• You may request a computer issued by the College Board at least 30 days before the exam date.

#2. No more “No Calculator Math Section”

The digital SAT format allows you to use a calculator for the entire Math section, and provides an onscreen calculator if you don't already own one.

#3. SAT to Become “Adaptive”

The SAT exam is getting a makeover. It will now consist of two sections:

  • Reading and Writing, and Math. 
  • These sections will be divided into two modules each.
  • The questions in the second module will be tailored to your performance in the first module. 

This adaptive format will make the exam more personalized and improve its ability to assess your skills accurately.

#4. Fewer Sections make the SAT Shorter

The new digital test will be much shorter than the current pencil-and-paper exam. 

  • With fewer sections and a more adaptive format, the digital SAT will take only 2 hours and 14 minutes to complete, allowing you more time to answer each question.
  • In the Reading and Writing section, passages will be shorter, and you'll have to answer only one question per passage. 
  • Additionally, the test will feature more direct and concise questions, allowing you to concentrate better on each question and have more time to answer it.

#5. Results Available Sooner

With the new digital format, you will receive your SAT scores within a few days, rather than waiting for weeks.

  • This means you'll have more time to decide which scores to send to which schools.
  • You can take the SAT later and still meet college admission deadlines.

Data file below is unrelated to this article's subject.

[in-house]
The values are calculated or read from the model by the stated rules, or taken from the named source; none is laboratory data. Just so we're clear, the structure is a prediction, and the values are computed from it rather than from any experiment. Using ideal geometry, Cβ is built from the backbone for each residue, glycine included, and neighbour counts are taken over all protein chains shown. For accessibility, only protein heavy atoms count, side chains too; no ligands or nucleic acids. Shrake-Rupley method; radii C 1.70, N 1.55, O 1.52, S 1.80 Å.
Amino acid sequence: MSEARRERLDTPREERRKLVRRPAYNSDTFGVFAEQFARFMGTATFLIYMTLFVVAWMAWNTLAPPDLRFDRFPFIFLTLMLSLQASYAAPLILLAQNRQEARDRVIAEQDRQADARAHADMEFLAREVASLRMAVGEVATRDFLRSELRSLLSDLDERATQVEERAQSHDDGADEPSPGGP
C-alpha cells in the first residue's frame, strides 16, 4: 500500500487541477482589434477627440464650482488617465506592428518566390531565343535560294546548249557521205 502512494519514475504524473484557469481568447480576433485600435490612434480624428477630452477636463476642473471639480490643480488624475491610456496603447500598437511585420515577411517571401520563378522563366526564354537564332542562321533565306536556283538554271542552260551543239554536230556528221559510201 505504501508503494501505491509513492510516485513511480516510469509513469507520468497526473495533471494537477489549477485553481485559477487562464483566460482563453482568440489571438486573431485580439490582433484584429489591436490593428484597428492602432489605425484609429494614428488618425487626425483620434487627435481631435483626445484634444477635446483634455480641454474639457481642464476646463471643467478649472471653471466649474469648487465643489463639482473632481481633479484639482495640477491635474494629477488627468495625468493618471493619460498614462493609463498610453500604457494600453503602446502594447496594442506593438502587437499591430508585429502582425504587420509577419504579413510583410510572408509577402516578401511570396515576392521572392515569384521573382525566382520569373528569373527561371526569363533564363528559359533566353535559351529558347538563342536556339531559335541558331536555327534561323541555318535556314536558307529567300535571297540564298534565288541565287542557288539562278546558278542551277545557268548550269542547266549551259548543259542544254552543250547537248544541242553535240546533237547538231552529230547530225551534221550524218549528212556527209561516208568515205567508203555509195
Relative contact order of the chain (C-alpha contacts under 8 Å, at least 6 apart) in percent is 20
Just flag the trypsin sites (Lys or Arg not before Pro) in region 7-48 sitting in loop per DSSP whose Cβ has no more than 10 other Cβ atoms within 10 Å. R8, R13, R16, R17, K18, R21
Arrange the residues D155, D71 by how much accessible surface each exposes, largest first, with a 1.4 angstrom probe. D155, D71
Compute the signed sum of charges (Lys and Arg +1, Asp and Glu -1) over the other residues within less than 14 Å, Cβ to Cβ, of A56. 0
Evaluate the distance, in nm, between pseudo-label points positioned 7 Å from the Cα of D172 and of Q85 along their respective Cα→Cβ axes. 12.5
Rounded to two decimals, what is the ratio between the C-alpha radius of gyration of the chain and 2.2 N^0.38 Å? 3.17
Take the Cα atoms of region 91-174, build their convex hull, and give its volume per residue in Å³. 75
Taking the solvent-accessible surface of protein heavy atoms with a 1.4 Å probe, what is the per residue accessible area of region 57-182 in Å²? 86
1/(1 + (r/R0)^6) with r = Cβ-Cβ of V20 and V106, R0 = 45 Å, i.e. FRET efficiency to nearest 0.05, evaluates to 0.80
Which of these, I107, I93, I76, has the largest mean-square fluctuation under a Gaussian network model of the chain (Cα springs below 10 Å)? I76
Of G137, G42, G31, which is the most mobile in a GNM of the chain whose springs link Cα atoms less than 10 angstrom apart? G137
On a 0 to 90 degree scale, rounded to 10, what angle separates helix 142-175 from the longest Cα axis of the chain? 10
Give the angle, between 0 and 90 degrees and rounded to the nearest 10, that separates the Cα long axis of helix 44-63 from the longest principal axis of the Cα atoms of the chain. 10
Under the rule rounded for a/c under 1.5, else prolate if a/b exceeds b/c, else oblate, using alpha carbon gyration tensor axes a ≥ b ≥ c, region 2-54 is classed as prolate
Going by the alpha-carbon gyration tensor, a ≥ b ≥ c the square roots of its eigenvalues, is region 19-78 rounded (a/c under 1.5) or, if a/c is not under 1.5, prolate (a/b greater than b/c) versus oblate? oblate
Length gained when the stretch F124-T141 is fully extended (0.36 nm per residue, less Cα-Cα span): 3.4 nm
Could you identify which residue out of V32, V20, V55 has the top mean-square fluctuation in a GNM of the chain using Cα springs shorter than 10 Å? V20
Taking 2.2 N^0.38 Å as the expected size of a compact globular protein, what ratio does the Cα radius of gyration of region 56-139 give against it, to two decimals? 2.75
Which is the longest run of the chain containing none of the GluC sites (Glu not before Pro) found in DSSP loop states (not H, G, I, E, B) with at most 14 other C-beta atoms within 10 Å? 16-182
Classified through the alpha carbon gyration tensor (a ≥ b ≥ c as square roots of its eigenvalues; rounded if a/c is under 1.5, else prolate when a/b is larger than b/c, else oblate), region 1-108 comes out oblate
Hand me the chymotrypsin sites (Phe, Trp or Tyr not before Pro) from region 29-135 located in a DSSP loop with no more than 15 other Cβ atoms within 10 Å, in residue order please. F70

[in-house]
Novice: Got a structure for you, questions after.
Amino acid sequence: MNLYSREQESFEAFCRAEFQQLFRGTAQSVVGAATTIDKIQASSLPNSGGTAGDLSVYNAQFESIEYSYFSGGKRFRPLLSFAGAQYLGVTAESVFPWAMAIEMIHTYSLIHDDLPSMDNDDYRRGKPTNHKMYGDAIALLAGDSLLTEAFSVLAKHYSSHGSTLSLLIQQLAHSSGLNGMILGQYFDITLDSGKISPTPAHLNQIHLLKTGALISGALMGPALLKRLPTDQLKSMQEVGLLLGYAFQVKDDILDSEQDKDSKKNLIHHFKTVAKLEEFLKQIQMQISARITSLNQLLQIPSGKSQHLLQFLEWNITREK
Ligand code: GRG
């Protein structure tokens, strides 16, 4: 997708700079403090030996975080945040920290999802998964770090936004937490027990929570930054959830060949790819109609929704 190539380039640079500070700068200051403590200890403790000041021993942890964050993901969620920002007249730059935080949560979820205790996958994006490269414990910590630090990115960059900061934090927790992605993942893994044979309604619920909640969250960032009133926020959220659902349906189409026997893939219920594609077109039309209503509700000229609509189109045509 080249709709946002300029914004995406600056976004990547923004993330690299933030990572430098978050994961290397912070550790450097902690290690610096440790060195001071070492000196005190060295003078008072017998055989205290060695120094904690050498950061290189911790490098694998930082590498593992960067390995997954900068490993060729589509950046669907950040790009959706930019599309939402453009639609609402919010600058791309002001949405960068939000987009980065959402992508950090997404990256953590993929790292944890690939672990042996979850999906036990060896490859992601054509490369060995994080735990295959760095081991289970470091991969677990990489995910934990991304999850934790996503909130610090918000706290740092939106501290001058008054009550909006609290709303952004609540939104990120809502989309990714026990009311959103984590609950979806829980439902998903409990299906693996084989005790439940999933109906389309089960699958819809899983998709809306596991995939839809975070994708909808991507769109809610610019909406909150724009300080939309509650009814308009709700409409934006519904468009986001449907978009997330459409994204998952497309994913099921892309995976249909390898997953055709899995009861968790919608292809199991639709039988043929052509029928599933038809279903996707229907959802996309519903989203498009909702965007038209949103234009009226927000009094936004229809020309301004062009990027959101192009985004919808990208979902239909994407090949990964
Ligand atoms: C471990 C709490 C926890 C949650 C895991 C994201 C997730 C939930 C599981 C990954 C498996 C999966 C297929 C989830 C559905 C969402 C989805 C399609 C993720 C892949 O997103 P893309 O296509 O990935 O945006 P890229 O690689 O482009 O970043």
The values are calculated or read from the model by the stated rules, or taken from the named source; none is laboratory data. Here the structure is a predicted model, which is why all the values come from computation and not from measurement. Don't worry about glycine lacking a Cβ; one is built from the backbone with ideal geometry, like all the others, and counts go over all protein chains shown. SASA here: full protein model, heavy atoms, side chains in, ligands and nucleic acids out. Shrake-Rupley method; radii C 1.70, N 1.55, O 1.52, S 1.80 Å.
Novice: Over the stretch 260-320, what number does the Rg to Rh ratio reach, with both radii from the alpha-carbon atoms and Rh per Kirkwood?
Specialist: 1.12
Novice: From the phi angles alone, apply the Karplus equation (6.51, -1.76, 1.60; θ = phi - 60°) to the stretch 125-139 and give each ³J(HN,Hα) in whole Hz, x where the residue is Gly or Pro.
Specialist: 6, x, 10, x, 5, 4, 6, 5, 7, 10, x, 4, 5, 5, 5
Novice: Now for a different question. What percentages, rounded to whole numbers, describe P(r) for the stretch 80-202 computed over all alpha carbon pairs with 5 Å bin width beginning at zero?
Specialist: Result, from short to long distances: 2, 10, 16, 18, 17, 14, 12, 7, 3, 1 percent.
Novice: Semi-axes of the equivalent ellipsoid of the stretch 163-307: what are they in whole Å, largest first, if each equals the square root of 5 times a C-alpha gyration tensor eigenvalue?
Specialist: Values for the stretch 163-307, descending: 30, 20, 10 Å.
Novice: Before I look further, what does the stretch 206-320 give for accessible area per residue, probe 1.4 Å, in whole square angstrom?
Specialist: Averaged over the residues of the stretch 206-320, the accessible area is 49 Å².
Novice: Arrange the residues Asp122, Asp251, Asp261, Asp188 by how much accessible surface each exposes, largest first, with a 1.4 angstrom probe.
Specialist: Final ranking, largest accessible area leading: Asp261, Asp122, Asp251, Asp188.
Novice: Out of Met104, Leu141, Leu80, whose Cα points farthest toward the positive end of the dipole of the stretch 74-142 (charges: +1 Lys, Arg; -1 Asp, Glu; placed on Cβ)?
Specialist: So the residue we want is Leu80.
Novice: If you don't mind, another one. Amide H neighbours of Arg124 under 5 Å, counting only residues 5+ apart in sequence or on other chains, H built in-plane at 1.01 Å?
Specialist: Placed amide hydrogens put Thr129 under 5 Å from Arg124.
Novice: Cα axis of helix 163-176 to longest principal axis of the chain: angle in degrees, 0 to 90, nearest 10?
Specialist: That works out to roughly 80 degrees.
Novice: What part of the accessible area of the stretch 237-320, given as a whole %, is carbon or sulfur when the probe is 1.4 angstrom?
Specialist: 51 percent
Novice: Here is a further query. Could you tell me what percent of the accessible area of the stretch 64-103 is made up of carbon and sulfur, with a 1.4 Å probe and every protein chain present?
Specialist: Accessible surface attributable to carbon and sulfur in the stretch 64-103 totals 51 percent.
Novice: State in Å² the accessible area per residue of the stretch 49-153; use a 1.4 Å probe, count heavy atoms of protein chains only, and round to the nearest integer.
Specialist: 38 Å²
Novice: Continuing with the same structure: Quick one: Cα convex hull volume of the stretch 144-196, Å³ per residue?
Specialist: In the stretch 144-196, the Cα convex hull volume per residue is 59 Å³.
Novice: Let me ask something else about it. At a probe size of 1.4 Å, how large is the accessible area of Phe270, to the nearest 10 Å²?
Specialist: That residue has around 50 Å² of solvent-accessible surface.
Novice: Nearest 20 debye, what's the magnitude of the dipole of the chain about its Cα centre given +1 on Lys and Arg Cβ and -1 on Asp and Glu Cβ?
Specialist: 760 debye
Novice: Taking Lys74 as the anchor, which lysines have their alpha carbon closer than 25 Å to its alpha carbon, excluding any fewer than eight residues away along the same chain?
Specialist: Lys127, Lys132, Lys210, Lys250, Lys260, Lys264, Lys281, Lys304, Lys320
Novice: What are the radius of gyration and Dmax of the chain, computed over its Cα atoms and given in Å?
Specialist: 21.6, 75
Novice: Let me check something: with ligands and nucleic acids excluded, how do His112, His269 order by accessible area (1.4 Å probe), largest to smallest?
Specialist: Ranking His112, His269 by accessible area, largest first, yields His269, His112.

• Additionally, if you intend to take the SAT multiple times to achieve better scores, quicker scoring will benefit you by reducing the waiting time before deciding on another attempt.

#6. Improved Security

With the pencil and paper SAT version, the College Board may cancel the scores of all the students who took the test at the same time and place if it is discovered that a test taker's paper form has been compromised.

However, the upcoming online SAT will provide more security measures. Each student will receive a distinct digital test form, which will discourage answer sharing and reduce the likelihood of cancellations.

What to Expect on Test Day

It may be worth noting that pandemic safety procedures may still be in place at some test centers, and it might be a good idea to bring a mask with you and practice social distancing at all times. If you feel sick on test day, please stay home and contact customer service for a full refund.

Doors Open at 7:45 a.m.

Arrive on time on test day and check your admission ticket for your arrival time and the address of your test center. If you're late or absent, you can reschedule.

Testing Starts Between 8:15 and 8:45 a.m.

You'll log into the center's Wi-Fi and open the BluebookTM application, which will guide you through instructions. The test will begin when you enter the start code, and you can move back and forth between questions in a module and review your answers until time expires.

The Digital Testing App

BluebookTM is a custom-built app for the digital SAT that has many features that you'll find useful.